Studio Photos Found Abandoned by Thomas Dworzak In Afghanistan: A Strange Mix Of Guns, Flowers and Kohl

The theme of subverting the masculine ideal here was quite interesting and the video by Jeremy Deller of cross-dressing wrestler Adrian Street was compelling enough to watch all the way through.  (It brought back memories of the routine of watching all-in wrestling on the BBC before the reading of the Saturday football results back in the 1960s and 70s.)

'Rusty' By Catherine Opie

‘Rusty’ By Catherine Opie

There was some more unexpected material on masculine spaces – fraternities in the US and Mens’ Clubs in London – and some more playful stuff on men and fatherhood on the ground floor of the exhibition.

Hans Eijkelboom's 'My Family': A Playful Set Of Photo's With Him Posing As Husband to Housewives Asked At Random To Pose With Him In Their Homes

Hans Eijkelboom’s ‘My Family’: A Playful Set Of Photo’s With Him Posing As Husband To Housewives Asked At Random To Pose With Him In Their Homes (Real Husbands Absent!)

Upstairs, as the examination into the ‘plurality of subversive masculinities’ continued, the more predictable focus was more on ‘Queer’ culture (that appears to be an ok word to use again), homosexuality and race.  I found this less interesting although I again enjoyed some of the more light-hearted pieces and there were a few impressive photos by Deana Lawson and Rotimi Fani-Kayode who’s work I have seen somewhere before.

Piotr Uklanski's 'The Nazi's': Montage Of Famous Actors Playing Nazi Leaders

Piotr Uklanski’s ‘The Nazi’s’: Montage Of Famous Actors Playing Nazi Leaders

I’m wondering if my plans to visit London again over the next month or so will remain intact during the coronavirus crisis; fingers crossed on that.  One thing for sure – I’m glad I have retired and have a choice (provided I don’t catch it!)

Climate Change, Wildlife and Cars

A lot of the last week or so has been taken up with preparation for, execution of and then follow up from a meeting held in our village hall to discuss, our village’s response to the climate emergency.  The Chair of the District Council’s Environment Committee presented to us the Council’s position on the climate emergency.  Then we held a workshop to share ideas on what we can do as individuals and collectively in our village to respond.  We finished up with a visioning and priority setting session.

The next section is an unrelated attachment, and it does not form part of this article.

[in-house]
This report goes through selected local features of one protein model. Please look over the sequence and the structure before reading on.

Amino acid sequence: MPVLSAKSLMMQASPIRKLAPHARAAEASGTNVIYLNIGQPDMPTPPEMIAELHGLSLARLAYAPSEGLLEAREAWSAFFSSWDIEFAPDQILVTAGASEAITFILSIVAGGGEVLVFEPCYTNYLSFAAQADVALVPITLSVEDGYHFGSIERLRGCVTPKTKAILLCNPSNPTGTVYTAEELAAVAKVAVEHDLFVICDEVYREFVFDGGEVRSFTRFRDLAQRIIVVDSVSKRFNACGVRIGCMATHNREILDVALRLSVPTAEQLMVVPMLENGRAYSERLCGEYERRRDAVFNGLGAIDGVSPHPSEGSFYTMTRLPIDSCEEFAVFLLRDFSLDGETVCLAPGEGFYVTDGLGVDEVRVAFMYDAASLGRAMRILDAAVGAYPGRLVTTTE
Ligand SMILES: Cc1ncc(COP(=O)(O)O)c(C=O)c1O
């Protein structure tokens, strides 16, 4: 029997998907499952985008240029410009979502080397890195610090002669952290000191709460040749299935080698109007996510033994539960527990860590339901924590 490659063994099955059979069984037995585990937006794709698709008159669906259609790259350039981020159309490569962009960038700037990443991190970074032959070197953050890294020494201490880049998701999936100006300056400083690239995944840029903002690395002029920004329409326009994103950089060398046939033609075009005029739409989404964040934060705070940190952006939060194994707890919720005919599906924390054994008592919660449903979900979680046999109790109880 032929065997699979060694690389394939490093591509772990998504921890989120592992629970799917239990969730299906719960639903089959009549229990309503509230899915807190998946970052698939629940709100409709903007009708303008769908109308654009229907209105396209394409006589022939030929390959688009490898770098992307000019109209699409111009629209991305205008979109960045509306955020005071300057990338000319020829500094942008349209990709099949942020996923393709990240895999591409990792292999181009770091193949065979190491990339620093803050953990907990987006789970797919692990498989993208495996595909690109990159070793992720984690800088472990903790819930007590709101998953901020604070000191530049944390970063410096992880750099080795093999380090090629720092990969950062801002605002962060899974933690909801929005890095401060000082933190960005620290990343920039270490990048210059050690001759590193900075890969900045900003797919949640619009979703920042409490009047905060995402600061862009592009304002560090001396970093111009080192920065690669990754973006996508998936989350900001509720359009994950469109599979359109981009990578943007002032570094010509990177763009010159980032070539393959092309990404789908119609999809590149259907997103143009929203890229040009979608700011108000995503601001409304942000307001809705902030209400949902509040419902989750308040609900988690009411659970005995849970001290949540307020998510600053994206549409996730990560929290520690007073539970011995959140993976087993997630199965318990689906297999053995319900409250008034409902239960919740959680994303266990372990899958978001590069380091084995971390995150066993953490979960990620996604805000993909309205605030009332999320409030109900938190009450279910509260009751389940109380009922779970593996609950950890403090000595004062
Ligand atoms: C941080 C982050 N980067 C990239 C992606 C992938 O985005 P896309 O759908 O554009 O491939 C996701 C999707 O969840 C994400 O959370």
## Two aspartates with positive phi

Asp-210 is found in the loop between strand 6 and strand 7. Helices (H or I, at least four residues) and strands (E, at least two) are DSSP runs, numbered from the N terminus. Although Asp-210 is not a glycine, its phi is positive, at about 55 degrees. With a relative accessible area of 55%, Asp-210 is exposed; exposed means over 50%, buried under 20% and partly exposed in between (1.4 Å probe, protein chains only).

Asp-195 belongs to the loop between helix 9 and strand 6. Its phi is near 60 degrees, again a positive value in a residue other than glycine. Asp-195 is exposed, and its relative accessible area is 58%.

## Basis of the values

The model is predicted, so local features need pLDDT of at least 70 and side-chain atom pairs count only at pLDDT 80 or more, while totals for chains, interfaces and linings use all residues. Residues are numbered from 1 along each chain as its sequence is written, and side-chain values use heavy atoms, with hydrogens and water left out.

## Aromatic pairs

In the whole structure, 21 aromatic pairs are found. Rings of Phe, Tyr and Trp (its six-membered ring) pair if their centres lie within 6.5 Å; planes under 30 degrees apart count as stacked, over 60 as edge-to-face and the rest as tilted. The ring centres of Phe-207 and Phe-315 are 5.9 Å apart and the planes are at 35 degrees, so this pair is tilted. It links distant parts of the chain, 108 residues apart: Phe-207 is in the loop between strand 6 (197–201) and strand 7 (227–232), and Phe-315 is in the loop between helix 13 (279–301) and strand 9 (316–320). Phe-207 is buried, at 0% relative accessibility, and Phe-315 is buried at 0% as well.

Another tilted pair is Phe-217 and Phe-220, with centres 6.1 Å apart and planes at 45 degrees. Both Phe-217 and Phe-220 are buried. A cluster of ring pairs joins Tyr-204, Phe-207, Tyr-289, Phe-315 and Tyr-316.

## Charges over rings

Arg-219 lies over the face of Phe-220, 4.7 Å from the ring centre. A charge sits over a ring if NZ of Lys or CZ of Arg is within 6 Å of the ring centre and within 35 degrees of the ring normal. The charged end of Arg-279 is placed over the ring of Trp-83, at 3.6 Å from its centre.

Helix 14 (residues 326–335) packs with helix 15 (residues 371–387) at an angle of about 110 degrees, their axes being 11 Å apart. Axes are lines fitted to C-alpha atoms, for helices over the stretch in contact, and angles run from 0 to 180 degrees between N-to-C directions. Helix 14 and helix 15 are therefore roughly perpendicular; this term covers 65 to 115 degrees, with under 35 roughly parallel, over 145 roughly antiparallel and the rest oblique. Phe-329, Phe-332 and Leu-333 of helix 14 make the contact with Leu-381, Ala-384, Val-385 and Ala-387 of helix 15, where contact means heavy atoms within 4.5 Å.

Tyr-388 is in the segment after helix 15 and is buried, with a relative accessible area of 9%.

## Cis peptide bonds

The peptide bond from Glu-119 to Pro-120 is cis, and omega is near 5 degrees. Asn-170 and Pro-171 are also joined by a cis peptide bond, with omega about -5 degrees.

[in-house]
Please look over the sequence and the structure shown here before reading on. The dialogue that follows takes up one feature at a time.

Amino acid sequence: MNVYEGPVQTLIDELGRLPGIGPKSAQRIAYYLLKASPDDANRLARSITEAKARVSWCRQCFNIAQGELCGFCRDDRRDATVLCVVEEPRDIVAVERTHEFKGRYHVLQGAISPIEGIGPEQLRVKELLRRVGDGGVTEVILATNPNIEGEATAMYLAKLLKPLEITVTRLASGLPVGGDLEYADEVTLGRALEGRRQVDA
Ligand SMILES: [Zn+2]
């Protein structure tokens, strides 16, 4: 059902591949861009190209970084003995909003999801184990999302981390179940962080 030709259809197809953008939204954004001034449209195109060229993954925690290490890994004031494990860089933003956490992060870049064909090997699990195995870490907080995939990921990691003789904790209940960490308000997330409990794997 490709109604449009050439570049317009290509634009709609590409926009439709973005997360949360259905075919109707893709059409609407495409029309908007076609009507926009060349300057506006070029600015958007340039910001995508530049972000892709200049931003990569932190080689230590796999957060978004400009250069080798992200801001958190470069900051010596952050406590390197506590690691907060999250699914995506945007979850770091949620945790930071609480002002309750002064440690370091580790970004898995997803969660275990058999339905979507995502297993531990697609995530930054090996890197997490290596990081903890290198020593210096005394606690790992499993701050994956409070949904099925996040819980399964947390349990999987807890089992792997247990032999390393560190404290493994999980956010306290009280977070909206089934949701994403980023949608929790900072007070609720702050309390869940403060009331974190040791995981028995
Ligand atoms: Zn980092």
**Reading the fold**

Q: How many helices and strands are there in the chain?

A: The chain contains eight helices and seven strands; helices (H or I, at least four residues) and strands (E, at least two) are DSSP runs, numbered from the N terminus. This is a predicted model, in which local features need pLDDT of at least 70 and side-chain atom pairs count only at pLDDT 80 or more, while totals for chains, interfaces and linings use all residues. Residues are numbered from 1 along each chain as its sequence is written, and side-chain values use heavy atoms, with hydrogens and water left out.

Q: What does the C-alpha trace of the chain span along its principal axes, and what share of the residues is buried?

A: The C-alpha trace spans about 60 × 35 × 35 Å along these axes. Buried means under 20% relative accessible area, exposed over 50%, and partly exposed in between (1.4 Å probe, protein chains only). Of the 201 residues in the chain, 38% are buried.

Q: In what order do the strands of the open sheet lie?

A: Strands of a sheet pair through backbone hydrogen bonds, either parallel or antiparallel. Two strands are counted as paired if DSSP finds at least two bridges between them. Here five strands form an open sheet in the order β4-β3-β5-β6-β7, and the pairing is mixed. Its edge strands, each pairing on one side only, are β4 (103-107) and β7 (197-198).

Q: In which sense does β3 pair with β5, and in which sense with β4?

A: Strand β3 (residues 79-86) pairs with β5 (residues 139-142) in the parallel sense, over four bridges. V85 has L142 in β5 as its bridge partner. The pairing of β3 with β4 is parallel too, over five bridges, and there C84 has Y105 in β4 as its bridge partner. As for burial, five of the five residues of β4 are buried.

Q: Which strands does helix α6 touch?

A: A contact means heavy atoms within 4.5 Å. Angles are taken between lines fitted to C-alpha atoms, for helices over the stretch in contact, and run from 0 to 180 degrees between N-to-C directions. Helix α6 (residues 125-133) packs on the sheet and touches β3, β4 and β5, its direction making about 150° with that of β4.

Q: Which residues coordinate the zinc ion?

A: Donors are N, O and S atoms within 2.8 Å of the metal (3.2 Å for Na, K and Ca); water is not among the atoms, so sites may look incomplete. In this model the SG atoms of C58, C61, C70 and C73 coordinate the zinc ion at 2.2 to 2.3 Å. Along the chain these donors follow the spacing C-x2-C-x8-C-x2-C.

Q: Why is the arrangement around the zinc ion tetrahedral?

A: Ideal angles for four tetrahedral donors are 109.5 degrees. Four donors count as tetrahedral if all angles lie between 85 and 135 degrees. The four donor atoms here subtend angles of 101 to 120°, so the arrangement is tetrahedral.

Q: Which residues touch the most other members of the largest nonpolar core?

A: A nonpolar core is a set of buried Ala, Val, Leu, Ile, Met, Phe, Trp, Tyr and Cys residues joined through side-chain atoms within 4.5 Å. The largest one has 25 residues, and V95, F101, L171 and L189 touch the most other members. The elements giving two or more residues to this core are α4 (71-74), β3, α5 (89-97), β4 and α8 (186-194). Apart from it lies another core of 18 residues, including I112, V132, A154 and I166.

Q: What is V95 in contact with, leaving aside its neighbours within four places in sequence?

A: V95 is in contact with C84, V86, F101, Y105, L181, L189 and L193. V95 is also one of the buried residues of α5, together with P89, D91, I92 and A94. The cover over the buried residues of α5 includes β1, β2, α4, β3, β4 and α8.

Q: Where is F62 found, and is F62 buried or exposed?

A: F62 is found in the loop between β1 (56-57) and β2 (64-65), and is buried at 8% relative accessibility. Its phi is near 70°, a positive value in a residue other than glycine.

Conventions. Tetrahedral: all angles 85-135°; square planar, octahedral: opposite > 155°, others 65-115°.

The meeting was organised by the Carbon Neutral Horsley group, of which I am a part, with the Parish Council.  Coincidentally, but aptly, the meeting was scheduled as Storm Dennis was near its height.  The meeting exceeded our expectations both in terms of how many people turned up (despite the weather) and in terms of the quality of discussion and ideas that were put forward.

Our Village Vision For Resilience Against Climate Change In A Word Cloud

Our Village Vision For Resilience Against Climate Change Represented In A Word Cloud

It has now fallen to me to document and summarise these ideas.  Speed in doing so is important since we need sustain momentum and show that action is arising from the meeting.  This is quite interesting, worthwhile and almost exciting work.  Plus, it brings me closer to the heart of the village community.  That is something I am finding rewarding after so many years of working in London and being away from village activity except for weekends (when I just wanted to switch off from any demands and relax).

A wide range of topics cropped up at our village meeting on the response to the climate emergency.  Of course, cars (too many) and wildlife (not enough) were prominent themes.  These were also, again coincidentally, subject matter of two exhibitions I visited while I was in London in the days just prior to the meeting.

Views Of The Natural History Museum, Home of the Wildlife Photography Exhibition And Bringing Back Memories Of Taking The Kids Back In The 90s

Views Of The Natural History Museum, Home of the Wildlife Photography Exhibition And Bringing Back Memories Of Taking The Kids Back In The 90s

The first was the Natural History Museum exhibition showcasing the Wildlife Photographer of the Year competition.  I try to get to this every year and the quality of the competition this year was on a par with the best I have seen.  Once again, almost every photo is incredible either in terms of its composition, the amazing aspect of nature it captured, or the unimaginable patience that had been required to get just the right shot at just the right time – or all of these things.